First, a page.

Less Lost indie film


★★★★

Directed by Chase Connor

Starring Shane Fike, Heather Dodson, Brandon Alexander & Stephanie Mason-Teague

Indie Film Review by Chris Olson


There is a quiet paradox to war that has an immense human effect. Battle and conflict are platforms for frenetic chaos, violence and rage; places where the pace of life is so demandingly quick that the phrase life and death is never more apt anywhere else. Compare this with life outside of war, where veterans and survivors must adapt to a lifestyle they fought to protect but never to embrace, and therein lies the paradox. Director Chase Connor’s indie film Less Lost tells the tragic tale of one TBI (Traumatic Brain Injury) survivor, whose post-battle environment is at constant conflict with the scars of war.

Shane Fike plays Luke, a veteran of the Iraq and Afghanistan wars, conflicts that left him a medically retired soldier ravaged with personal troubles, both physical and psychological. Attending veteran meetings and attempting to reconnect with his wife Jenn (Heather Dodson) and daughter Faith (Leisa DiGeorge), Luke is troubled with violent outbursts, a severe detachment from those around him, and flashbacks of the atrocities he has witnessed. One of the veterans he meets, Darien (Brandon Alexander), offers the hand of friendship and attempts to aid Luke in his recovery and readjustment.

Filmed with an intensity, Less Lost does its troubling subject matter proud. This is not a light watch, but one most definitely worth having. From the powerhouse performance from Fike to the emotionally arresting sequences of warfare, Connor’s indie film is utterly gripping.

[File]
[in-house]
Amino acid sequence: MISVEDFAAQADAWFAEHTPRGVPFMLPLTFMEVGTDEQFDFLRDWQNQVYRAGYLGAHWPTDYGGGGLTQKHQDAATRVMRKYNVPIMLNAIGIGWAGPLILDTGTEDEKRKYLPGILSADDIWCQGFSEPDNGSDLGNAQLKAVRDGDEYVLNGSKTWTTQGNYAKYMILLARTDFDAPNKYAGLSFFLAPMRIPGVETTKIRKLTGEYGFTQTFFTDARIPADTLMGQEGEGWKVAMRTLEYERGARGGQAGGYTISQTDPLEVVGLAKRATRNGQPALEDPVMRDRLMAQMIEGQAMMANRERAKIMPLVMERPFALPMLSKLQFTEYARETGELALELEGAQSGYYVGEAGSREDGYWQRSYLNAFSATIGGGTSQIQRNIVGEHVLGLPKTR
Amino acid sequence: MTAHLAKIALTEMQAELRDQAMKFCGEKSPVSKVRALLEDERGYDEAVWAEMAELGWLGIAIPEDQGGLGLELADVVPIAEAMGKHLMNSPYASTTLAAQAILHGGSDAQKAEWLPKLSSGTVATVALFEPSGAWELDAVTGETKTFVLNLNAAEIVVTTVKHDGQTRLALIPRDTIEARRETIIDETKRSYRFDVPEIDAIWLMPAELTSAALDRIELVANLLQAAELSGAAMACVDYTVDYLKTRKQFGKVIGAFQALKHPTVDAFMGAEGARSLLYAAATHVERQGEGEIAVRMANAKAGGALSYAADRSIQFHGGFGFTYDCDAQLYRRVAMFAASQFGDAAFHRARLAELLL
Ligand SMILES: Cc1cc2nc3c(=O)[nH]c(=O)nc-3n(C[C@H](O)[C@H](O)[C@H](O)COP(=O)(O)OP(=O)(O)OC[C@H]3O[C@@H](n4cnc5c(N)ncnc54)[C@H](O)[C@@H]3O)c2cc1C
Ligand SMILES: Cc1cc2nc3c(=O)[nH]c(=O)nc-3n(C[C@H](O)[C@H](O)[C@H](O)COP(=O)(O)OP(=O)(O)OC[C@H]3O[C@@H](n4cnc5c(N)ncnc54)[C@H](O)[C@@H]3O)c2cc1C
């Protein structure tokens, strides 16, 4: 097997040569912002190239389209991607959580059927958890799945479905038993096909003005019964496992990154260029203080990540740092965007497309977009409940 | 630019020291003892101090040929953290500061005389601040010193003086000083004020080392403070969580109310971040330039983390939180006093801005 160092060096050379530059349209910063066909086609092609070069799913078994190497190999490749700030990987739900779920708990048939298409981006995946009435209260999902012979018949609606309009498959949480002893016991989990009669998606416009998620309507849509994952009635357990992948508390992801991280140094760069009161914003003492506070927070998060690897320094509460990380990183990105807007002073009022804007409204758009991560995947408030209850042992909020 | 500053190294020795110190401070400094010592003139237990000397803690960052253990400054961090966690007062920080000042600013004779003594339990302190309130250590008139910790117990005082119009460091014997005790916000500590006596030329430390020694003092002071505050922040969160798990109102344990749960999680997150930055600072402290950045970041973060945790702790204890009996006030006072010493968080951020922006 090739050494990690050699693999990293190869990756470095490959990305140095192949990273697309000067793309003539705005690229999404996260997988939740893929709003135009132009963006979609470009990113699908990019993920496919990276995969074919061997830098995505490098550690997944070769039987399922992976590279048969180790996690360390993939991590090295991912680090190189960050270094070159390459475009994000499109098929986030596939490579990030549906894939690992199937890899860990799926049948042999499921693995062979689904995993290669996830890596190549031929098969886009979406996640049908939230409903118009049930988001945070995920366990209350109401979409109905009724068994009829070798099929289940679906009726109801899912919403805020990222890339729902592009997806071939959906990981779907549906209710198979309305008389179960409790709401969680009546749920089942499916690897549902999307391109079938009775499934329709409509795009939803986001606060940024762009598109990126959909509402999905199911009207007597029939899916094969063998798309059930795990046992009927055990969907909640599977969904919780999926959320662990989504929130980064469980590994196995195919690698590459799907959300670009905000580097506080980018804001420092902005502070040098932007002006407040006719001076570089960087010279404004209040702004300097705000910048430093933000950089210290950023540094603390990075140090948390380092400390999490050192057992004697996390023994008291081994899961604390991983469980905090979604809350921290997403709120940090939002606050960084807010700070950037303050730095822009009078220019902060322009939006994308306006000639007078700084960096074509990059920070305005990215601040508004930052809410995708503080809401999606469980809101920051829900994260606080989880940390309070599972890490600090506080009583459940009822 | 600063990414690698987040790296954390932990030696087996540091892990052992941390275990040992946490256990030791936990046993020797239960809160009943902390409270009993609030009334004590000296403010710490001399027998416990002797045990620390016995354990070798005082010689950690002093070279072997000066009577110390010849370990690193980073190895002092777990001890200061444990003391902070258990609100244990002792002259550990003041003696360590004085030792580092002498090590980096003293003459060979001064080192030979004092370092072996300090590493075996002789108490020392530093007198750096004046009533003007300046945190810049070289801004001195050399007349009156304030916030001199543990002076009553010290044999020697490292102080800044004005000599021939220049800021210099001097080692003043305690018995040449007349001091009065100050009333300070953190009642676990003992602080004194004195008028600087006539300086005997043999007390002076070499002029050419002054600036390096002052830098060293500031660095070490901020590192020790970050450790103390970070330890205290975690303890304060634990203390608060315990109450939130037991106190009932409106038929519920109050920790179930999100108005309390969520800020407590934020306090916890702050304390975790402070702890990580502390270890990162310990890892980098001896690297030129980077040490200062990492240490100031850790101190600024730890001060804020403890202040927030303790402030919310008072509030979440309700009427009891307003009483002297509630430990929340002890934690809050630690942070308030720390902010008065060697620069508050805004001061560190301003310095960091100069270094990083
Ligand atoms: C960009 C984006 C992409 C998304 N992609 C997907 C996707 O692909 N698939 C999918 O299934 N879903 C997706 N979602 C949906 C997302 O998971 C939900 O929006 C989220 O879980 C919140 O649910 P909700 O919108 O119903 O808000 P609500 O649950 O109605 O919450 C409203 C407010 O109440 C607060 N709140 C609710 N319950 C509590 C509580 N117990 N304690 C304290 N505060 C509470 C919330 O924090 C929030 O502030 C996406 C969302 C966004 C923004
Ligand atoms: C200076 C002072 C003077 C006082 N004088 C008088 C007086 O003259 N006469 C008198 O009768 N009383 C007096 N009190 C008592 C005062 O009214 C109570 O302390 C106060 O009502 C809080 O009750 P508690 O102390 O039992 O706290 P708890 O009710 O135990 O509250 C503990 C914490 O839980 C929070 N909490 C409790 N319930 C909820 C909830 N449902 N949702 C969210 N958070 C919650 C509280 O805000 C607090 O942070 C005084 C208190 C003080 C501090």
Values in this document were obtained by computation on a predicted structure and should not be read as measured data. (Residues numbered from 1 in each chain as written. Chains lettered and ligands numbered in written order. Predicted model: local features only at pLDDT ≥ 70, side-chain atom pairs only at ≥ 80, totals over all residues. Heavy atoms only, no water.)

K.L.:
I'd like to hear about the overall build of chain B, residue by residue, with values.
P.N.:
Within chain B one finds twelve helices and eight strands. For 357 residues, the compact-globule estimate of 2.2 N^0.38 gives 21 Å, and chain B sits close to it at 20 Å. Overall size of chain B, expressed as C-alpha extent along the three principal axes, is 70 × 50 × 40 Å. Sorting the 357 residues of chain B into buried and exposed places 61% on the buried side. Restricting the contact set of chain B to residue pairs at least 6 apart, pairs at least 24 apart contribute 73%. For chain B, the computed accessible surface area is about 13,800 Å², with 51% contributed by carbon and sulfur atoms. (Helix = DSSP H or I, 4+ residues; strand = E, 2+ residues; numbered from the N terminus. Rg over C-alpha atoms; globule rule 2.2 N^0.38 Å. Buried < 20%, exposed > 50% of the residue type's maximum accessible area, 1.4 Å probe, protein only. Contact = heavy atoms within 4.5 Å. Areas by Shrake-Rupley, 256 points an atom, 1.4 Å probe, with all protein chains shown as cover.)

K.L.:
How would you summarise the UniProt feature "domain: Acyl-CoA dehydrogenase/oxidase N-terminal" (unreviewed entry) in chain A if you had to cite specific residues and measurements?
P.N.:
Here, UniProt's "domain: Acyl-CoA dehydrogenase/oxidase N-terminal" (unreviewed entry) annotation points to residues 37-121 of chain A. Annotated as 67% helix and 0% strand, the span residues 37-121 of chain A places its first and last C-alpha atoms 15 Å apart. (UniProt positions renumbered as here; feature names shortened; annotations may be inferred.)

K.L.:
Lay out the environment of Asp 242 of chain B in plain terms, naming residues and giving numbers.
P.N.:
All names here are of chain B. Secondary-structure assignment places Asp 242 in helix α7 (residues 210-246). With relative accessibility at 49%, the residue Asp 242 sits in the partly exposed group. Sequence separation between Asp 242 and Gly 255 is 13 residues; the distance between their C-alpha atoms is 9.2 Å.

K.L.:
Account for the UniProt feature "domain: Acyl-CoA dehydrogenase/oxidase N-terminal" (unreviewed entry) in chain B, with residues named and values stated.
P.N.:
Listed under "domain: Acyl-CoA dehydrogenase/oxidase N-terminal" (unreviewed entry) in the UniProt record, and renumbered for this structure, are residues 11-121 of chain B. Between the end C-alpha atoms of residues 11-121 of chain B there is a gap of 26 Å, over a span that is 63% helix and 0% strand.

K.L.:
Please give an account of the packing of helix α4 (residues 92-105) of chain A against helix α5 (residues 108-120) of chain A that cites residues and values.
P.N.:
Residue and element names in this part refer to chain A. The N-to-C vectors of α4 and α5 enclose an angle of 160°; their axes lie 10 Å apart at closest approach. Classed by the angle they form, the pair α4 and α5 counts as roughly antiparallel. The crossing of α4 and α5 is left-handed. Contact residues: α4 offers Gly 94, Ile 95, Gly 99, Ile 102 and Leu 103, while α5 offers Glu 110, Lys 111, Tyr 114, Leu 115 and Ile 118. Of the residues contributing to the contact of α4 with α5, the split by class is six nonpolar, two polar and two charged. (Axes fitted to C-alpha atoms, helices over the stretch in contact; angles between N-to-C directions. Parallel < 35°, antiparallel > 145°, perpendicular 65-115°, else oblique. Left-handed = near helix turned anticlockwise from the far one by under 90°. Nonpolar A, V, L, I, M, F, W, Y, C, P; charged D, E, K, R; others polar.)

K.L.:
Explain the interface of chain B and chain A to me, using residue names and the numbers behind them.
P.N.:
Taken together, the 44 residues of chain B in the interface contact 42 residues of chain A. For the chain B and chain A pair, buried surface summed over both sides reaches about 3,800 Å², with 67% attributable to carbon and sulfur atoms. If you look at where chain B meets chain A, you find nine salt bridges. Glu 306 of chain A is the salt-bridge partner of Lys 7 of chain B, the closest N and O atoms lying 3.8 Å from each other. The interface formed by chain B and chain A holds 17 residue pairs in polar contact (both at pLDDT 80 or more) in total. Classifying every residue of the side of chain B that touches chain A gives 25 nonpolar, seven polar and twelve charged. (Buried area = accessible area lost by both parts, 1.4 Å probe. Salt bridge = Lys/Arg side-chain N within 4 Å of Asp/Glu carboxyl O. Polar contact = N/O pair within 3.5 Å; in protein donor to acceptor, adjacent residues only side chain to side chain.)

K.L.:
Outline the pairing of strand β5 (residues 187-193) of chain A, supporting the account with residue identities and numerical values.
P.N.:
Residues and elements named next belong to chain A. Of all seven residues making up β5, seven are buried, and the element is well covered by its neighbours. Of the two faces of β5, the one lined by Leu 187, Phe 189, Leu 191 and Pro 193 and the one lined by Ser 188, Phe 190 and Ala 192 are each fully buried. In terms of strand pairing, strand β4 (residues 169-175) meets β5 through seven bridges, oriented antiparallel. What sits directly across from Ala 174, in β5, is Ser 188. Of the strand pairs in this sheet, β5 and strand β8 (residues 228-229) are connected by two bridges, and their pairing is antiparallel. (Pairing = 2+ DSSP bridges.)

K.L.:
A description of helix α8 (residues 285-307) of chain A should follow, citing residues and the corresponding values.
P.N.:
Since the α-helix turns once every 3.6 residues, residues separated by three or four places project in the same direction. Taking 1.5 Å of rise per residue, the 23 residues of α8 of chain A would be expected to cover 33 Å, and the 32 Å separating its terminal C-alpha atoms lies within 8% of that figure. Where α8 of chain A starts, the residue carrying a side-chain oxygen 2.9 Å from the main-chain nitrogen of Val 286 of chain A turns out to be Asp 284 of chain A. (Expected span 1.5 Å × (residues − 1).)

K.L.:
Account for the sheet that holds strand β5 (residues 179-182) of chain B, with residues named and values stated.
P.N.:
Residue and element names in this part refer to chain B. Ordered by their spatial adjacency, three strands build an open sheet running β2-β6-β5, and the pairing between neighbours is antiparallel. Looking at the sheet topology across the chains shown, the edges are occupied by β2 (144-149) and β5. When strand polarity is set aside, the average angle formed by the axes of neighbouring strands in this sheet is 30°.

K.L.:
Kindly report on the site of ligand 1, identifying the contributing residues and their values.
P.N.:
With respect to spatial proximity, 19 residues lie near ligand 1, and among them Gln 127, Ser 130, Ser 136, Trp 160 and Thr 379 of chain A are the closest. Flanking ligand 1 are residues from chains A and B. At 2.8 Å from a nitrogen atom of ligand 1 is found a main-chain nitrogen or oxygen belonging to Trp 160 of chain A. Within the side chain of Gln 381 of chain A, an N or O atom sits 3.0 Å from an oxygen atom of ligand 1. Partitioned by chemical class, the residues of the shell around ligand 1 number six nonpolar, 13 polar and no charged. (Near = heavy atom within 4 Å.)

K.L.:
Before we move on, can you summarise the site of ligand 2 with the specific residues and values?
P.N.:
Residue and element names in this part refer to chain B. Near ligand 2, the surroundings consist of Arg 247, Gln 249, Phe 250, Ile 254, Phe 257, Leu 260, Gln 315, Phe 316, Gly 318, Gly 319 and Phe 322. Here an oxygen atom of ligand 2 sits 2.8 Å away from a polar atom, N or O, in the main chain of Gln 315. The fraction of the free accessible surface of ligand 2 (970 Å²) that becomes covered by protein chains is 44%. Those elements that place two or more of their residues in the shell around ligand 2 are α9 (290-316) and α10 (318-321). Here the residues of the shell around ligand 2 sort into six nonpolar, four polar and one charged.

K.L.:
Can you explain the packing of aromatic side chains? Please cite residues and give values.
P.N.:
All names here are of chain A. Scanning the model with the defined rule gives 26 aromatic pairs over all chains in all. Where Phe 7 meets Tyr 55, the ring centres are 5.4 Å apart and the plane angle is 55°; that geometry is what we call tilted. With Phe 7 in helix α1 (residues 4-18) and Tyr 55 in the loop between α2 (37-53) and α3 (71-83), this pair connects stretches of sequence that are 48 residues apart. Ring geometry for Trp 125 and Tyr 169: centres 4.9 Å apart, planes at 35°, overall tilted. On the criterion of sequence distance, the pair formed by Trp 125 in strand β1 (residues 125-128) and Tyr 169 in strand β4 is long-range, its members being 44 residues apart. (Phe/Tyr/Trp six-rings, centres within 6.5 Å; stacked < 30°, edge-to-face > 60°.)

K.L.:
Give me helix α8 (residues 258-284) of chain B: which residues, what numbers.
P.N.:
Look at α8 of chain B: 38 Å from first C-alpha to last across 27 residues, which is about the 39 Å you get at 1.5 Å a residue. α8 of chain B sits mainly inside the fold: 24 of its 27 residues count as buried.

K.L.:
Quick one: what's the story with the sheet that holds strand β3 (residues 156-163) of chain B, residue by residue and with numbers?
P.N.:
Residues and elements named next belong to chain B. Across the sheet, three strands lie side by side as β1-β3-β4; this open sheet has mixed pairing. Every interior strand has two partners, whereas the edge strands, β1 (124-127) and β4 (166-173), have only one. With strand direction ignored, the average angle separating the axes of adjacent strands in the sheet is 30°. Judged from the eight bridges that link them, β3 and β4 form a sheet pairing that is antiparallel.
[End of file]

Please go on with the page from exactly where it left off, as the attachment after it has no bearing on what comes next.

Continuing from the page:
Quick editing and handheld cameras are used to elicit the sense of uncontrollability that really drives the narrative, whilst the dialogue is sharp and direct to complement the rawness of the central characters. This is balanced with scenes in the veterans group (led by Stephanie Mason-Teague) where the soldier banter and joking offers a much-needed glimpse at the camaraderie that these fighters rely on to survive. This is also picked up in the sequences where Luke is in the army, smartly avoiding the politics of war and instead focusing on the brotherhood these guys find themselves in.

Films depicting PTSD and the effects of war are numerous, and many films have documented the tragic nature of the War on Terror and how it has affected troops. The dialogue created by such films is totally benefitted by the voice of Connor and Fike - who co-wrote Less Lost. This story about the reintroduction of Luke into society taps into the brutality of the transition, there is such a ferocity to the film that the ulterior themes just leap off the screen. This is bolstered, as mentioned, by Fike’s phenomenal performance. Darkly intense, his portrayal of Luke is nuanced and sensitive, and completely believable. The shocking outbursts at some of the everyday assholes he comes across, are there to be measured against his attempts to see his daughter again. Alexander is also tremendous as the voice that gets through to Luke, with a reserved calm and embracing solemnity that is great to watch.

The sound editing, which seems fluid and disjointed from the visuals, is a fantastic device used to portray the immersive nature of Luke’s affliction.

Given the indie budget and the divisive nature of the story, the cast and crew involved with Connor’s film can sit happily with this important and engaging achievement; a noteworthy thread in the tapestry of violence that is the War on Terror genre.

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